The Neighborhood Development Center (NDC) believes that economic development serves as a tool for social justice and the evidence is clear: their work is making an impact.
In 2020, NDC was evaluated by Wilder Research, and their findings showed that 78% of employees at NDC-assisted businesses were people of color and 71% of business owners hire residents of their local neighborhood.
This means that NDC is creating jobs for people who need them—and helping those same people get ahead by creating opportunities for themselves. They know that economic development can be an effective way to fight poverty and they’re proud to say that they’re doing just that.
NDC is a nonprofit organization that has been helping entrepreneurs in low-income neighborhoods for over 25 years. They’ve done this through a variety of initiatives, such as their Midtown Global Market—a hub that offers space for entrepreneurs from all walks of life to collaborate, network, and create.
And that’s not all. NDC prides itself on being responsive and aware of current trends and needs. This has resulted in special initiatives such as Tech Pack, which addresses tech needs and Mindset Reset, which provides mental wellness awareness; and more.
Fighting the ‘Minnesota Paradox’
NDC is committed to fighting the Minnesota Paradox. The Minnesota Paradox is a term used by economist Samuel L. Myers to describe the larger-than-average gap in measures of quality of life between white Minnesotans and BIPOC Minnesotans. This includes one of the largest racial wealth gaps in the nation: as NPR reported last year, the median Black family in the Twin Cities earns $38,178 a year, which is less than half of the median income for white families ($84,459).
NDC is dedicated to addressing these challenges through its work supporting individuals’ ability to build wealth and revitalize disinvested neighborhoods through entrepreneurship and small business ownership.
When entrepreneurs of color utilize NDC’s programs and services, including Entrepreneur Training, Technical Assistance, and Lending, their annual income increases by $25,860, on average. NDC focuses on their 10 Priority Neighborhoods to channel these services to the places where they are most needed and have the biggest impact.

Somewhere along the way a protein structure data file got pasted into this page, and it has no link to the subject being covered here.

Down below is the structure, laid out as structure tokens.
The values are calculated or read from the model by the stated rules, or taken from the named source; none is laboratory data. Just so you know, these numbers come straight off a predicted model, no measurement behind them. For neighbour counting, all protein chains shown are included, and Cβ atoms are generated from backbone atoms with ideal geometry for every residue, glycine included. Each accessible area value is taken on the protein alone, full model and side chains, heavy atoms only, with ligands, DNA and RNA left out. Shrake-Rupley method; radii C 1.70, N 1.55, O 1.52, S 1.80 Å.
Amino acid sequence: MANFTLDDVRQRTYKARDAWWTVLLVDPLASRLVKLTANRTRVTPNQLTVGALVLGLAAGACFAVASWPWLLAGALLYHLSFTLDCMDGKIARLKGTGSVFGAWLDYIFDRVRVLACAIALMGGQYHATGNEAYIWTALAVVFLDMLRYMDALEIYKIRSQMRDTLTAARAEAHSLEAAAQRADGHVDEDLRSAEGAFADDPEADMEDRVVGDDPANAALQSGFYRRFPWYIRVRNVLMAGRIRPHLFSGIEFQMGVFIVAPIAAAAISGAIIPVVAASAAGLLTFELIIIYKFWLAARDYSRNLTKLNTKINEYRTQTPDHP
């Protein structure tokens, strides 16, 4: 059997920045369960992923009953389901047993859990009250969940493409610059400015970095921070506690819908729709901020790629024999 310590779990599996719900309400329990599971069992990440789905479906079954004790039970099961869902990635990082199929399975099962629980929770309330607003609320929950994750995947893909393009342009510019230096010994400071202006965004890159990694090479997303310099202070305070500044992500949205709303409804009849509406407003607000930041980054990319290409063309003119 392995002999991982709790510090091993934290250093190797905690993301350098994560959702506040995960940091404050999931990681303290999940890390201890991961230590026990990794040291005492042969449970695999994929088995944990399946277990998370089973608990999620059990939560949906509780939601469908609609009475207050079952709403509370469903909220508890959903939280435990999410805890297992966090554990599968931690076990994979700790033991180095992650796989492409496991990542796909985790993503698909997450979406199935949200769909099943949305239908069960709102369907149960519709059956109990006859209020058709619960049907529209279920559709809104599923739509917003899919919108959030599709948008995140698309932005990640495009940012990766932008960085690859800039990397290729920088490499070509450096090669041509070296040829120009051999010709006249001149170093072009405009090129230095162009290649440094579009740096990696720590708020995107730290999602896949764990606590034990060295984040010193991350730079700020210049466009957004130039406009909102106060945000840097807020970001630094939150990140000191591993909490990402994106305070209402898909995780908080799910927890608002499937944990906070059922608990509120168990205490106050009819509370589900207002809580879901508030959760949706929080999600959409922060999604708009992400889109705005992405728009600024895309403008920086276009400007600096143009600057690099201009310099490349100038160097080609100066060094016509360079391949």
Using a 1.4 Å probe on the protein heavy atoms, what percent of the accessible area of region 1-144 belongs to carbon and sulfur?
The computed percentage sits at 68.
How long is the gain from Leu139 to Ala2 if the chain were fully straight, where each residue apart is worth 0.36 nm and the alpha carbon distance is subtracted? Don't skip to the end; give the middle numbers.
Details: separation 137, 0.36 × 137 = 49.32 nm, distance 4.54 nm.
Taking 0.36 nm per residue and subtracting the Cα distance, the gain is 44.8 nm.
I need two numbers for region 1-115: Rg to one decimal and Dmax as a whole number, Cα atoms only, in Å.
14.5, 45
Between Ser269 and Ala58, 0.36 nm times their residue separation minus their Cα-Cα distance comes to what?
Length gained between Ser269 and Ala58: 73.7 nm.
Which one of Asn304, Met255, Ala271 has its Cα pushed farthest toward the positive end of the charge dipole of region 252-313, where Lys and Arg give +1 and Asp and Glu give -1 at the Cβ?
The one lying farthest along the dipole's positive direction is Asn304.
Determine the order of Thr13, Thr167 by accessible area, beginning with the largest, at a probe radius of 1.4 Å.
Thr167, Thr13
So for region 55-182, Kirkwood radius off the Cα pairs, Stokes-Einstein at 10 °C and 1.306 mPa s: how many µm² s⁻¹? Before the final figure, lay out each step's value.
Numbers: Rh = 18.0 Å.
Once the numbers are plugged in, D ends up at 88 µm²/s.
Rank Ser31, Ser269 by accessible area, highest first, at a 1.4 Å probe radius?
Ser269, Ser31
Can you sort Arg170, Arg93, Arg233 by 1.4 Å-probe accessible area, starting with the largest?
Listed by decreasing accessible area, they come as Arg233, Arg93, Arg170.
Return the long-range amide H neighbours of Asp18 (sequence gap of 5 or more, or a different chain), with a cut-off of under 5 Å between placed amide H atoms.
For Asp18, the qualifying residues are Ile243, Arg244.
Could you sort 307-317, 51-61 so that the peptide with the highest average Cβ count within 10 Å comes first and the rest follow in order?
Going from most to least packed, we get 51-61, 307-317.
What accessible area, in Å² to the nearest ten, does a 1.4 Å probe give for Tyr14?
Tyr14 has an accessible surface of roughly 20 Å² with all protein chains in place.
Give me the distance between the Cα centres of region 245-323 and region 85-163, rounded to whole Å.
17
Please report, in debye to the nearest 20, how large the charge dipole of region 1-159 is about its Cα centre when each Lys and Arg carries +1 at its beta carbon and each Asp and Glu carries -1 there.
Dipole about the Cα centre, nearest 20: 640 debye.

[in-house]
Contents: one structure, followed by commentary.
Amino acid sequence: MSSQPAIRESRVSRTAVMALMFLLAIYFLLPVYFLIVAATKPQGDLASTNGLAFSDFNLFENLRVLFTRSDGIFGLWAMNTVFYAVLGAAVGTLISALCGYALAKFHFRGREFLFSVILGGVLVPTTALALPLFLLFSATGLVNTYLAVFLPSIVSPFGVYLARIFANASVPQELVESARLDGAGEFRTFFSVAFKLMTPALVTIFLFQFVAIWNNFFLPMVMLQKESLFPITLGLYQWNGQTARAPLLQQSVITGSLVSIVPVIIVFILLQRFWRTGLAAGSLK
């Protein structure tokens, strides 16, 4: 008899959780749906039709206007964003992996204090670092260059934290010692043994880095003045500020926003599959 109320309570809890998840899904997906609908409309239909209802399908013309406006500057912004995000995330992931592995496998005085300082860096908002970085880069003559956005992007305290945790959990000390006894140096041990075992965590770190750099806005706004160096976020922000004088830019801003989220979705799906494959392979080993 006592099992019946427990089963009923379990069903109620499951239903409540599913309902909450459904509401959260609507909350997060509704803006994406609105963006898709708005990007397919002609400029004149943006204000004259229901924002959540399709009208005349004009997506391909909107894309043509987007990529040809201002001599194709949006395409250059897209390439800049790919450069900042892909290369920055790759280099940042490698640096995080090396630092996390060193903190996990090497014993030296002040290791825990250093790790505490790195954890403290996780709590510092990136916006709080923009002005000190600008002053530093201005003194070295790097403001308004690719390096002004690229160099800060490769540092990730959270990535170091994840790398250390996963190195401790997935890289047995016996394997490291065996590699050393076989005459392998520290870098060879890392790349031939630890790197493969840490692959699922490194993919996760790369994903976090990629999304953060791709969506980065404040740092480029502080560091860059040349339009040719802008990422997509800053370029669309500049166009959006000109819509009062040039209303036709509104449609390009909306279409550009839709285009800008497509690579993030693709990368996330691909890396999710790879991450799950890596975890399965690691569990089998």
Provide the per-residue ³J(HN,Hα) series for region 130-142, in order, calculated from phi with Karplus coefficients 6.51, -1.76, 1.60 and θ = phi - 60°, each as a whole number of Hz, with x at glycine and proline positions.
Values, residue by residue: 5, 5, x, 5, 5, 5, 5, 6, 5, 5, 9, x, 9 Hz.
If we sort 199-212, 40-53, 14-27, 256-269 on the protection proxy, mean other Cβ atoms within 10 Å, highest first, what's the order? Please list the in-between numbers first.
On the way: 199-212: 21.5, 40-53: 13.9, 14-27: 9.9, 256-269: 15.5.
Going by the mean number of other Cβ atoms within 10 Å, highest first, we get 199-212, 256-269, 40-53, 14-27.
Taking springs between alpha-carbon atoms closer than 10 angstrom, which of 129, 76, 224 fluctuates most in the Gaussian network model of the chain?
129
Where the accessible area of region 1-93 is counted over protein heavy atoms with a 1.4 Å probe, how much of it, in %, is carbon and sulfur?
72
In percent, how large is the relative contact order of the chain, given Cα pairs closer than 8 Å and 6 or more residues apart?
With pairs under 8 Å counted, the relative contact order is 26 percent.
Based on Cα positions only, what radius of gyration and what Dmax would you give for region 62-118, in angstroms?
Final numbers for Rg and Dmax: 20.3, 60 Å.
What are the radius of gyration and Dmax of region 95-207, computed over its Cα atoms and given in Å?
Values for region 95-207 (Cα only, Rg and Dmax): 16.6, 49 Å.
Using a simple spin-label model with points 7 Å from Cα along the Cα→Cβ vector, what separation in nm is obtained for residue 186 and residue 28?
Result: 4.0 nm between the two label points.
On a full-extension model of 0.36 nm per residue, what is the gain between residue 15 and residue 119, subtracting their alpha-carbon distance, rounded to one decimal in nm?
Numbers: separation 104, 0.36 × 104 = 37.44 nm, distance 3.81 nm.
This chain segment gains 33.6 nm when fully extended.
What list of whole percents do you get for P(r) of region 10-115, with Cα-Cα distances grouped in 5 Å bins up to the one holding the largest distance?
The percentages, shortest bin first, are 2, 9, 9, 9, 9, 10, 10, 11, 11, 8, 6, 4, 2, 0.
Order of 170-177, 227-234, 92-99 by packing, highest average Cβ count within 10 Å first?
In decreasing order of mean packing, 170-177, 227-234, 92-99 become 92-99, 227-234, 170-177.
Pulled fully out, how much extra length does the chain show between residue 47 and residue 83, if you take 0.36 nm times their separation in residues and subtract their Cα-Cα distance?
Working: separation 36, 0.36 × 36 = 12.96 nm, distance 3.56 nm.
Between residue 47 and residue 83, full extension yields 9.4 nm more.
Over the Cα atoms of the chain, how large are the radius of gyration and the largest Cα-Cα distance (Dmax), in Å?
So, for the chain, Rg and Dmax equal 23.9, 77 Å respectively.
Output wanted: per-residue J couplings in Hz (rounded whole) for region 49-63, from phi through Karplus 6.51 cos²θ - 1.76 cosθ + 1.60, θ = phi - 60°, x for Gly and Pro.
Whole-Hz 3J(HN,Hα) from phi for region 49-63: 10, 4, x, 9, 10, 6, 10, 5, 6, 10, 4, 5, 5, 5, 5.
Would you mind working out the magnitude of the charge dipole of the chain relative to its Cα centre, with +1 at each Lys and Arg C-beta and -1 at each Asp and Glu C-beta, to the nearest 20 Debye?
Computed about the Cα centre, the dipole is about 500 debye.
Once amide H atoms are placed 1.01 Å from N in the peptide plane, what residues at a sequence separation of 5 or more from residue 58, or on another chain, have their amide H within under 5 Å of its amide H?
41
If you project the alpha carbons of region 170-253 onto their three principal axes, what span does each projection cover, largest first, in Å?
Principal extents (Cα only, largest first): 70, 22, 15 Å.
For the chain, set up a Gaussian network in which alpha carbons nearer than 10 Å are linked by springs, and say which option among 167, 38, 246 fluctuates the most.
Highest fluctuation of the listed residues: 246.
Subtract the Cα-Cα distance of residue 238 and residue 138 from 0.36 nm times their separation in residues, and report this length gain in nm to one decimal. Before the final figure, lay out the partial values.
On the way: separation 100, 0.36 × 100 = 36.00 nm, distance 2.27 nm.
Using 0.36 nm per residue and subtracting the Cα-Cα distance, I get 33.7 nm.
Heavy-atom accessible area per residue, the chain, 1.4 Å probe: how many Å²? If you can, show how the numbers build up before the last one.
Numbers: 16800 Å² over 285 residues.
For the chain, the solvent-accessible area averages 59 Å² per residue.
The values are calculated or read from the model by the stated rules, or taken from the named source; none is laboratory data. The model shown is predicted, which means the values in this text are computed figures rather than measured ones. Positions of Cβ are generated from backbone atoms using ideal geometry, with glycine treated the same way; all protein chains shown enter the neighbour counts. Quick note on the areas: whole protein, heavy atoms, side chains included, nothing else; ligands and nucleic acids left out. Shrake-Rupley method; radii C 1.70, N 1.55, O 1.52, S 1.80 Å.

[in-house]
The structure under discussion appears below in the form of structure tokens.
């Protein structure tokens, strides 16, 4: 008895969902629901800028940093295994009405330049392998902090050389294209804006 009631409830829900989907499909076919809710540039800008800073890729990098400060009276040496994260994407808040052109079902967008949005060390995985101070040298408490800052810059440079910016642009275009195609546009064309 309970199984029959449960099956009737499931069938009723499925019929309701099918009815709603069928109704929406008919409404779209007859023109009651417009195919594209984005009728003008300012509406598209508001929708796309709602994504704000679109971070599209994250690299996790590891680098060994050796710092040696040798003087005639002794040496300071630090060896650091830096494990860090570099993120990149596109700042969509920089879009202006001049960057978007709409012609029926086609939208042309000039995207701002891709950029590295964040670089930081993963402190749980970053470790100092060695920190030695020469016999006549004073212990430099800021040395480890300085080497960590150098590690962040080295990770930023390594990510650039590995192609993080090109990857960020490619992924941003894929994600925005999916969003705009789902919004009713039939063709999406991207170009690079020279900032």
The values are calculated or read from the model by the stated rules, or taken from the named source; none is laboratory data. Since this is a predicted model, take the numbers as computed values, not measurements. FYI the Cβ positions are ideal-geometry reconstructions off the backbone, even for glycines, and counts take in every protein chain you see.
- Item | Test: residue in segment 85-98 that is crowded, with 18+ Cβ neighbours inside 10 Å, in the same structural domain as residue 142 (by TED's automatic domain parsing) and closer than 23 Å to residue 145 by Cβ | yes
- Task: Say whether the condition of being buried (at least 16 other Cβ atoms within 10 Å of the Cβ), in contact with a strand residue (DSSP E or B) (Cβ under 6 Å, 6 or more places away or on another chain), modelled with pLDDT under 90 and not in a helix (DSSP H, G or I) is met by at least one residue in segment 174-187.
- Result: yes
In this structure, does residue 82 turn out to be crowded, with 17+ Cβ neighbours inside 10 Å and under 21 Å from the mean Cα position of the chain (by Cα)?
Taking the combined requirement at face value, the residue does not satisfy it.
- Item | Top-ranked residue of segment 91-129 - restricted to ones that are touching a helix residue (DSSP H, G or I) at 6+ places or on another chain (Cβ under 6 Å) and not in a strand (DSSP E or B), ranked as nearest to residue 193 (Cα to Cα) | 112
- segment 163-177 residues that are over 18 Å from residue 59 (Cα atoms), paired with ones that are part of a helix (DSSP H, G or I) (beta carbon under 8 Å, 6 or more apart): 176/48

“NDC advances racial equity by supporting individuals’ ability to build wealth and revitalize disinvested neighborhoods through entrepreneurship and small business ownership. All our programs and operations have been specially designed and refined to achieve those ends,” said Renay Dossman, CEO of NDC.
Grand Opening of New Building: Frogtown Crossroads
Just recently, the NDC announced the grand opening of their building, Frogtown Crossroads. The new building serves as a beacon of hope in St. Paul’s Rondo and Frogtown neighborhoods, which were torn apart to put in Highway 94.
Decades later, these areas are still rebuilding, and have become the heartbeat of St. Paul.
The building has first floor retail/restaurant space for businesses – with two, black woman-owned businesses Urban 29 and Flava Café as tenants. In addition, NDC’s offices are in this new project, providing open and inspiring space to do their work and welcome entrepreneurs in. The top floor features their Training Center, which allows NDC to host trainings and workshops onsite and provide community space. In addition, there are 40 units of family affordable housing in the project; most of which went to people who already lived in the neighborhood.
Check it out below:
The NDC has made a big impact on their community. With their core focus on supporting entrepreneurs in diverse, inclusive, and influential ways, NDC is poised to make an even bigger impact in the years to come. With exciting programs like their entrepreneur in residence program and a brand-new space that’s literally rising from the ground up, they’re a group you should definitely keep your eye on.
If you’d like to learn more about what NDC is up to, visit their website or give them a like or follow on social media.